Sucrose often sticks to your teeth which are broken down by natural bacteria. These bacteria feed off the sugars and produce lactic acid. This strong acid erodes your enamel and causes a sour taste in the mouth.

If more leftover food is in your teeth, bacteria destroy it to produce malic acid and give the mouth a more spicy foul taste. Excess acid produced in the mouth can also give you a burning sensation at the back of the throat.

Related: Do You Feels Like Hair In Throat?

Minty or sour taste can be a result of the natural digestion process. However, dental infections such as gingivitis or periodontitis, abscesses, or simply because of the eruption of wisdom teeth can also cause it.

Stress brushing more frequently, and make sure to clean your tongue thoroughly. Use antibacterial mouthwash to ensure there are no food leftovers in your mouth.

7 Reasons Why You Experience Metallic Taste in Mouth – Dr.Berg

COVID

One of the earliest and most common symptoms of coronavirus is the loss of smell and distorted taste. The taste disorder that happens if you’re infected by coronavirus is phantosmia. Phantosmia is the reason you don’t feel like eating, even if you’re given your favorite food. Food that was once very pleasant to taste becomes foul-tasting.

Although the reason behind this is still unknown, some studies have shown that coronavirus is not directly related to loss of taste since taste buds don’t have the receptor to bind to the virus. However, the release of chemicals causing inflammatory reactions in the body gives a foul taste in the mouth.

To know if you’re infected, get yourself tested first. Don’t be afraid that the result doesn’t come in your favor. Isolate yourself and just follow your doctor’s advice. You will soon find the minty taste in mouth coronavirus is disappearing.

Kidney failure

If you wake up in the morning with a bad taste, get yourself checked because it could be due to high urea levels in your body because your kidney cannot excrete it.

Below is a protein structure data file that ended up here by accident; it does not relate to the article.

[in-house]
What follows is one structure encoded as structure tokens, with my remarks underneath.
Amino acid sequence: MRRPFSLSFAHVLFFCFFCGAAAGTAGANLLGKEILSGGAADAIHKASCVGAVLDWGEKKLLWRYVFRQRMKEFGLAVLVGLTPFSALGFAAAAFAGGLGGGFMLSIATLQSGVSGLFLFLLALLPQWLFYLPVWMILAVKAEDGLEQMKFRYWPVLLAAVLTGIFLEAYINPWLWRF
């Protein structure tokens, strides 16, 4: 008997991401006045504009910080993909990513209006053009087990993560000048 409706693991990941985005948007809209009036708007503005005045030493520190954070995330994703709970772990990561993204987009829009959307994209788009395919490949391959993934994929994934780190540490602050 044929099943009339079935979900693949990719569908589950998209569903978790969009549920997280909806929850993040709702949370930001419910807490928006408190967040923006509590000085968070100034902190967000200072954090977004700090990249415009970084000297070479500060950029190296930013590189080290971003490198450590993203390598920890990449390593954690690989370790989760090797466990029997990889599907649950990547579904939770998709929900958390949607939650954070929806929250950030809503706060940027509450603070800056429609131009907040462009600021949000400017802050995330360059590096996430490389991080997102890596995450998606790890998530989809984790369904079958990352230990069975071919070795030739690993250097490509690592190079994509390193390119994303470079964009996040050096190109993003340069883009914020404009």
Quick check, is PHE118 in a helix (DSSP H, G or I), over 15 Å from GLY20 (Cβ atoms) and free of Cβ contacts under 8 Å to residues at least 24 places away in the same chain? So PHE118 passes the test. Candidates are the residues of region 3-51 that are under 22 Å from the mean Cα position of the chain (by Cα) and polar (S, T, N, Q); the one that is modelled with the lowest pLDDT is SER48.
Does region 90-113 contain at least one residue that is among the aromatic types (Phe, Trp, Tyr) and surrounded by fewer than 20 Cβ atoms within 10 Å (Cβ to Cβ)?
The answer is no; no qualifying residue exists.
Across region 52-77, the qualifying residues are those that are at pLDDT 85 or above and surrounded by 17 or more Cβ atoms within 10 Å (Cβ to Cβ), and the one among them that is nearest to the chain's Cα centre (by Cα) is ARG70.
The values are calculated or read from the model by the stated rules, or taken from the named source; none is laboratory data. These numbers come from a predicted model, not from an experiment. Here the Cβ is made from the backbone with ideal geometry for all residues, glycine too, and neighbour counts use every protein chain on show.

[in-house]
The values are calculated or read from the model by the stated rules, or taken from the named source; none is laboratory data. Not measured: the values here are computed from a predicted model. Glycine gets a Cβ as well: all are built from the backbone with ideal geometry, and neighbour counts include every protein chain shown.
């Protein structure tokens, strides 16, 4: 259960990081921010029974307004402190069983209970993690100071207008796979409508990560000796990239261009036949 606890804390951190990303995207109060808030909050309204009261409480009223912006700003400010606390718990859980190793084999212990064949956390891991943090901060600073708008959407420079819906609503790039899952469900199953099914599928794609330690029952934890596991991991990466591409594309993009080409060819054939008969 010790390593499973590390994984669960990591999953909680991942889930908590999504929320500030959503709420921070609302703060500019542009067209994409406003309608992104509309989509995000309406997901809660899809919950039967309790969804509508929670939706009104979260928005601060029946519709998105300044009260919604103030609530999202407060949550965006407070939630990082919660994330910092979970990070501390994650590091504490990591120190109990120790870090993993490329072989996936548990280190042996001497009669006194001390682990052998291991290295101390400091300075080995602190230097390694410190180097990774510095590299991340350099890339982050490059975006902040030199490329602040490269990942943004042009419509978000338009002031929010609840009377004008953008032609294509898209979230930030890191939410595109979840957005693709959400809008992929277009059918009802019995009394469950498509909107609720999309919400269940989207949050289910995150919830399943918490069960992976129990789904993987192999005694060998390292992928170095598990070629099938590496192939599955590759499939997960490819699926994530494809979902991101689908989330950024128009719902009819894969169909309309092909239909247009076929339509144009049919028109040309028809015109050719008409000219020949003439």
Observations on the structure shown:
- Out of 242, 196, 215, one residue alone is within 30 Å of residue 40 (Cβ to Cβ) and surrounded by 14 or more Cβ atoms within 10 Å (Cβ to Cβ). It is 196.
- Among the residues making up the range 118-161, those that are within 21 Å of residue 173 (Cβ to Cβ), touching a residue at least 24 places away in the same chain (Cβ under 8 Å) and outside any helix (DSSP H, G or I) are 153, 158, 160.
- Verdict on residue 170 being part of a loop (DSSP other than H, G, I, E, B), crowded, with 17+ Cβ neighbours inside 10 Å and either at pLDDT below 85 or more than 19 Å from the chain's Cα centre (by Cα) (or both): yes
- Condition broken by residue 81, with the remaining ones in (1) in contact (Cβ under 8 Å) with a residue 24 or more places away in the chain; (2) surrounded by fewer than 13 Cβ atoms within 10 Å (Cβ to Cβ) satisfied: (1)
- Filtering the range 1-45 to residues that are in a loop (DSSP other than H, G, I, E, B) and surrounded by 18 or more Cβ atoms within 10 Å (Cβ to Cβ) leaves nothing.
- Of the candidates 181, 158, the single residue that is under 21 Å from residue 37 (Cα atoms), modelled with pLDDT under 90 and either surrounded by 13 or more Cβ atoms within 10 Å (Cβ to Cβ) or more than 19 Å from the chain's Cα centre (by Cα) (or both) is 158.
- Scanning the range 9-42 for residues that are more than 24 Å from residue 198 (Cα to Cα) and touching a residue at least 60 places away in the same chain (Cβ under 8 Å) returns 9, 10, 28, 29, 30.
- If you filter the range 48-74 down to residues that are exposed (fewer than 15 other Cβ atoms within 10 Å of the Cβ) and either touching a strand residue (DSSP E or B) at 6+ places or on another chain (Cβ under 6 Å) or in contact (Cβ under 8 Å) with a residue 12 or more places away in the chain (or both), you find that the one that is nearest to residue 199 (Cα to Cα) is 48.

Heart attack

According to studies, men have more pronounced side effects of a heart attack than women. Women experience very mild symptoms or undergo silent attacks, so knowing the warning signs of an impending heart attack is essential.

The most common signs are consistent heartburn feelings, neck and jaw pain, and a cool minty taste in the mouth. Get an annual complete body checkup to be on the safe side.

Stroke

Taste buds are supplied by different cranial nerves, which send signals to the brain about the food. That’s how you know if something tastes sour, sweet, spicy, or bitter. When you have a stroke, this signal is interrupted, so there are changes in your taste palate.

Add spices and lemon to your food to eliminate the bitter minty feeling in your mouth, and avoid using metal utensils.

Injectable drugs and medications

Injectable drugs like painkillers are usually given with a saline flush. The drugs injected are directly not responsible for a sudden minty taste in mouth. Still, the water flush causes diffusion and some of the by-products to be diffused into the lungs, which are then breathed out, resulting in a metallic minty taste in the mouth.

Drugs such as antibiotics, steroids, calcium, contrasts, and vitamin supplements can give a metallic taste too. As for vitamin and calcium supplements, try to switch to natural alternatives if possible.

How to get rid of the minty taste in mouth?

  • Drink a lot of water and keep yourself hydrated
  • Chew mints and chewing gums to feel fresh
  • Brush frequently
  • Rinse mouth with antibacterial mouthwash after brushing
  • Add spices to your food to make them flavourful
  • Don’t lie down immediately after eating
  • Drink herbal tea instead of coffee and tea

FAQ

Can I get a metallic taste in my mouth due to any particular food?

Yes, you can get it from Chinese pine nuts. It is also known as pine nut syndrome and makes you taste bitter for up to 3 weeks. Just ignore Chinese nuts next time you buy them, and you should be ready.

What does it indicate if I have numbness in my hands and face while having a tingling feeling in my mouth?

This probably indicates that you’re suffering from diabetic ketoacidosis. Visit your doctor as soon as possible to understand your symptoms better.

When should I see a doctor?

You might be taking different things to get rid of the minty taste in mouth and get no return. You should see a doctor if none of the home remedies work and if you suspect you might be affected by other diseases such as covid, diabetes, stroke, or cardiovascular diseases.

Takeaway

Minty taste in the mouth results from plenty of different reasons but mainly from the top 10 causes discussed in this article. Some home remedies are also discussed. Visit your health practitioner if the home remedies are not effective enough for you.

Arijah Nawar

Arijah Nawar

I’m a medical student from Bangladesh. If there’s one passion I count on, it’s writing. From a very young age I was moved by how writing encapsulates knowledge and has the power to inspire people. I hope to bring a change in people’s lives through my writings.